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Oddsfish! by Robert Hugh Benson

With the Grail itself upon an altar within


said no more then on that point; though I did not believe him.

"And there is one more matter I must shew you in your own chamber; if you have any private papers and suchlike."

Then he shewed me in my own room, by the head of the bed that stood along the wall, how one of the panels slid back from its place, discovering a little space behind where a man might very well keep his papers or his money.

"Not a living soul," he said, "knows of that, besides Dolly and myself. You are at liberty to use that, Cousin Roger, if you like."

I thanked him; and said I would do so.

The rest of that day I spent in going about the house, and acquainting myself with it all. My Cousin Dorothy shewed me the rooms. Her own was a little one at the head of the stairs; and she told me, smiling, that a ghost was said to walk there.

"But I have never been troubled with it," she said. "It is a tall old, woman, they say, who comes up the stairs and into the room; but she does no harm to anyone."

Next her room, along the front of the house, lay two other greater rooms, one with a fire-place and one without: then was my chamber, and then her father's: and upstairs were the attics where the men lay. The maids lay in two little rooms above the kitchen.

justify;">It was mighty pleasant to me to be with my Cousin Dorothy. She had changed her riding clothes into others more suitable for a country maid--with a white starched neckerchief that came down upon her shoulders, and a grey dress and petticoat below that. Her sleeves were short, as the custom is in the country, with great linen cuffs folded back upon them, so as to leave her hands and arms to the elbow free for her occupations. But most of all I loved her simplicity and her quietness and her discretion. Her father bade her expressly to shew me all the house; or she would not have done it, for she was very maidenly and modest; but as soon as he said that, she did it without affectation. She shewed me the parlour too, with the hangings upon the walls, and the chapel of the Grail, with the Grail itself upon an altar within, flanked by two candlesticks, that was represented over the fire-place. She came out with me too to shew me the bakehouse where the baking was already begun, and the brewhouse--both of which too were all built of timber and plaster; and there my Cousin Tom came upon us, and carried me off to see his garden and his pasture; for he farmed a few acres about here, and made a good profit out of it: and it was while I walked with him that for the first time I understood what his intention was towards me.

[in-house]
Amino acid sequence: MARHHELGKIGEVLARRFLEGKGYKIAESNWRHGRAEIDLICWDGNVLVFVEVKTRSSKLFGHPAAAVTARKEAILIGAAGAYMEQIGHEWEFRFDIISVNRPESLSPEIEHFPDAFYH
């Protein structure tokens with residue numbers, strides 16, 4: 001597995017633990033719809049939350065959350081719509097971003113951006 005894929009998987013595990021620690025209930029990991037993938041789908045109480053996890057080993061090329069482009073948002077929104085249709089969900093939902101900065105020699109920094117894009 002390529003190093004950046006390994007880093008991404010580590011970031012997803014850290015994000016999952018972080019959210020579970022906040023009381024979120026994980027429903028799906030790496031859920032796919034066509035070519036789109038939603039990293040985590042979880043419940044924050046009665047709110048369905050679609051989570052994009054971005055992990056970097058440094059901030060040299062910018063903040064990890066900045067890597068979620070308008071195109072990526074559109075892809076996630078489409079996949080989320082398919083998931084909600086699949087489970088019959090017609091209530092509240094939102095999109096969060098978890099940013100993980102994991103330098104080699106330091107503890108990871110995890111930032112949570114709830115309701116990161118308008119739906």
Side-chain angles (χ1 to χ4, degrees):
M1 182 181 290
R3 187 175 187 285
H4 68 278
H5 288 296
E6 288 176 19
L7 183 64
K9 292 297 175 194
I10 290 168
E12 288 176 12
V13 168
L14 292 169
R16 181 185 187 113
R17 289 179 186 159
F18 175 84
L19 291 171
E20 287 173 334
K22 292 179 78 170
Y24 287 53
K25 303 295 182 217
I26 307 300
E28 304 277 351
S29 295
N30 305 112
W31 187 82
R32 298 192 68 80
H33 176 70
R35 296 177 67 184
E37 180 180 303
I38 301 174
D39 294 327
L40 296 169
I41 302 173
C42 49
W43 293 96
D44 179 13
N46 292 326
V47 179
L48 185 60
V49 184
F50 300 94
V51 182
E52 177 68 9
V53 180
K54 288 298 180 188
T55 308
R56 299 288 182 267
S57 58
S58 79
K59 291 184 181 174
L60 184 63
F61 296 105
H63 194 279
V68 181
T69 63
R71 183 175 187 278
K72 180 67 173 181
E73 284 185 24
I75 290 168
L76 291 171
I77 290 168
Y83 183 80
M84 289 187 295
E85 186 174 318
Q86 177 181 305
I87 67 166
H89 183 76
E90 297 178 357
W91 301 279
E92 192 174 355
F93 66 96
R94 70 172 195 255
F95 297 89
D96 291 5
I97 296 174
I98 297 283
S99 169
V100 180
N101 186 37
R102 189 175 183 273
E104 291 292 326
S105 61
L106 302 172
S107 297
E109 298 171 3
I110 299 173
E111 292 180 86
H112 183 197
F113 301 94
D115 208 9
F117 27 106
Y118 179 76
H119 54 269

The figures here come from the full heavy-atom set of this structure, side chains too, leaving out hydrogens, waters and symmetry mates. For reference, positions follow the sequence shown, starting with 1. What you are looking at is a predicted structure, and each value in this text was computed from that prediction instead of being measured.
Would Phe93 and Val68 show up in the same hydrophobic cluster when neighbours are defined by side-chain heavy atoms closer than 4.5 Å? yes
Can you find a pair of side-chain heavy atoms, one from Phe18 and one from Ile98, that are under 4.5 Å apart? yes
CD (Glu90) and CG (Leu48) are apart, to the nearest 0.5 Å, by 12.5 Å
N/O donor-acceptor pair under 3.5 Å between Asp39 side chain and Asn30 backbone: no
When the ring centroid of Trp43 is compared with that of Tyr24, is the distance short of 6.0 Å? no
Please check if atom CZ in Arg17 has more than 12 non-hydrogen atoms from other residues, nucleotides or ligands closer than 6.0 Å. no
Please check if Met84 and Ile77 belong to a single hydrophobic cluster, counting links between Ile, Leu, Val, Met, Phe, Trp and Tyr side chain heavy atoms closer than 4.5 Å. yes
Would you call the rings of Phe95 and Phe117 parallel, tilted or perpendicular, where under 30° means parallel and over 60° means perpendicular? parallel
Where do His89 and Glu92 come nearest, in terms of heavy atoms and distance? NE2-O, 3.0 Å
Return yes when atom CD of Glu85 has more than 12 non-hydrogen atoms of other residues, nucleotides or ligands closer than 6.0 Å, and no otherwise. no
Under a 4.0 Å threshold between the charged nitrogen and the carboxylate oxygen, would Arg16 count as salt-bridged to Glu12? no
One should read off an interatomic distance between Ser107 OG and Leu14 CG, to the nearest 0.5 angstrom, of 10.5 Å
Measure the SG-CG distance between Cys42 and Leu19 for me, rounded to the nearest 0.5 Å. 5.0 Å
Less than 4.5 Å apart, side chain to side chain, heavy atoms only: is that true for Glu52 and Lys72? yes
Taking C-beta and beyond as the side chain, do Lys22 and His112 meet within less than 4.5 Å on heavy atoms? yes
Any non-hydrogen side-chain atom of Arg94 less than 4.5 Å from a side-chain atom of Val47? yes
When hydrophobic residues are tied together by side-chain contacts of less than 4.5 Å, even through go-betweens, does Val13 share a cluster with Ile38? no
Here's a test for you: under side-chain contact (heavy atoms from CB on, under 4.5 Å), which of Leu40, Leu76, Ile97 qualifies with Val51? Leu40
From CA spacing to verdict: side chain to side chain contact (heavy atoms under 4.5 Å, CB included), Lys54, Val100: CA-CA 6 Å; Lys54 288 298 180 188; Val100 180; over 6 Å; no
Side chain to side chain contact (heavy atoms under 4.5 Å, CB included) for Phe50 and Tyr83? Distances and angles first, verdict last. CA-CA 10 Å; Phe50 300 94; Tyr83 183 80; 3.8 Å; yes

He was speaking, as he very often did, of his daughter Dorothy--which I had taken to be a father's affection only. (We were walking at the time up and down in the pasture below the garden; and the house lay visible among the gardens, very fair and peaceful with the sunlight upon it.)

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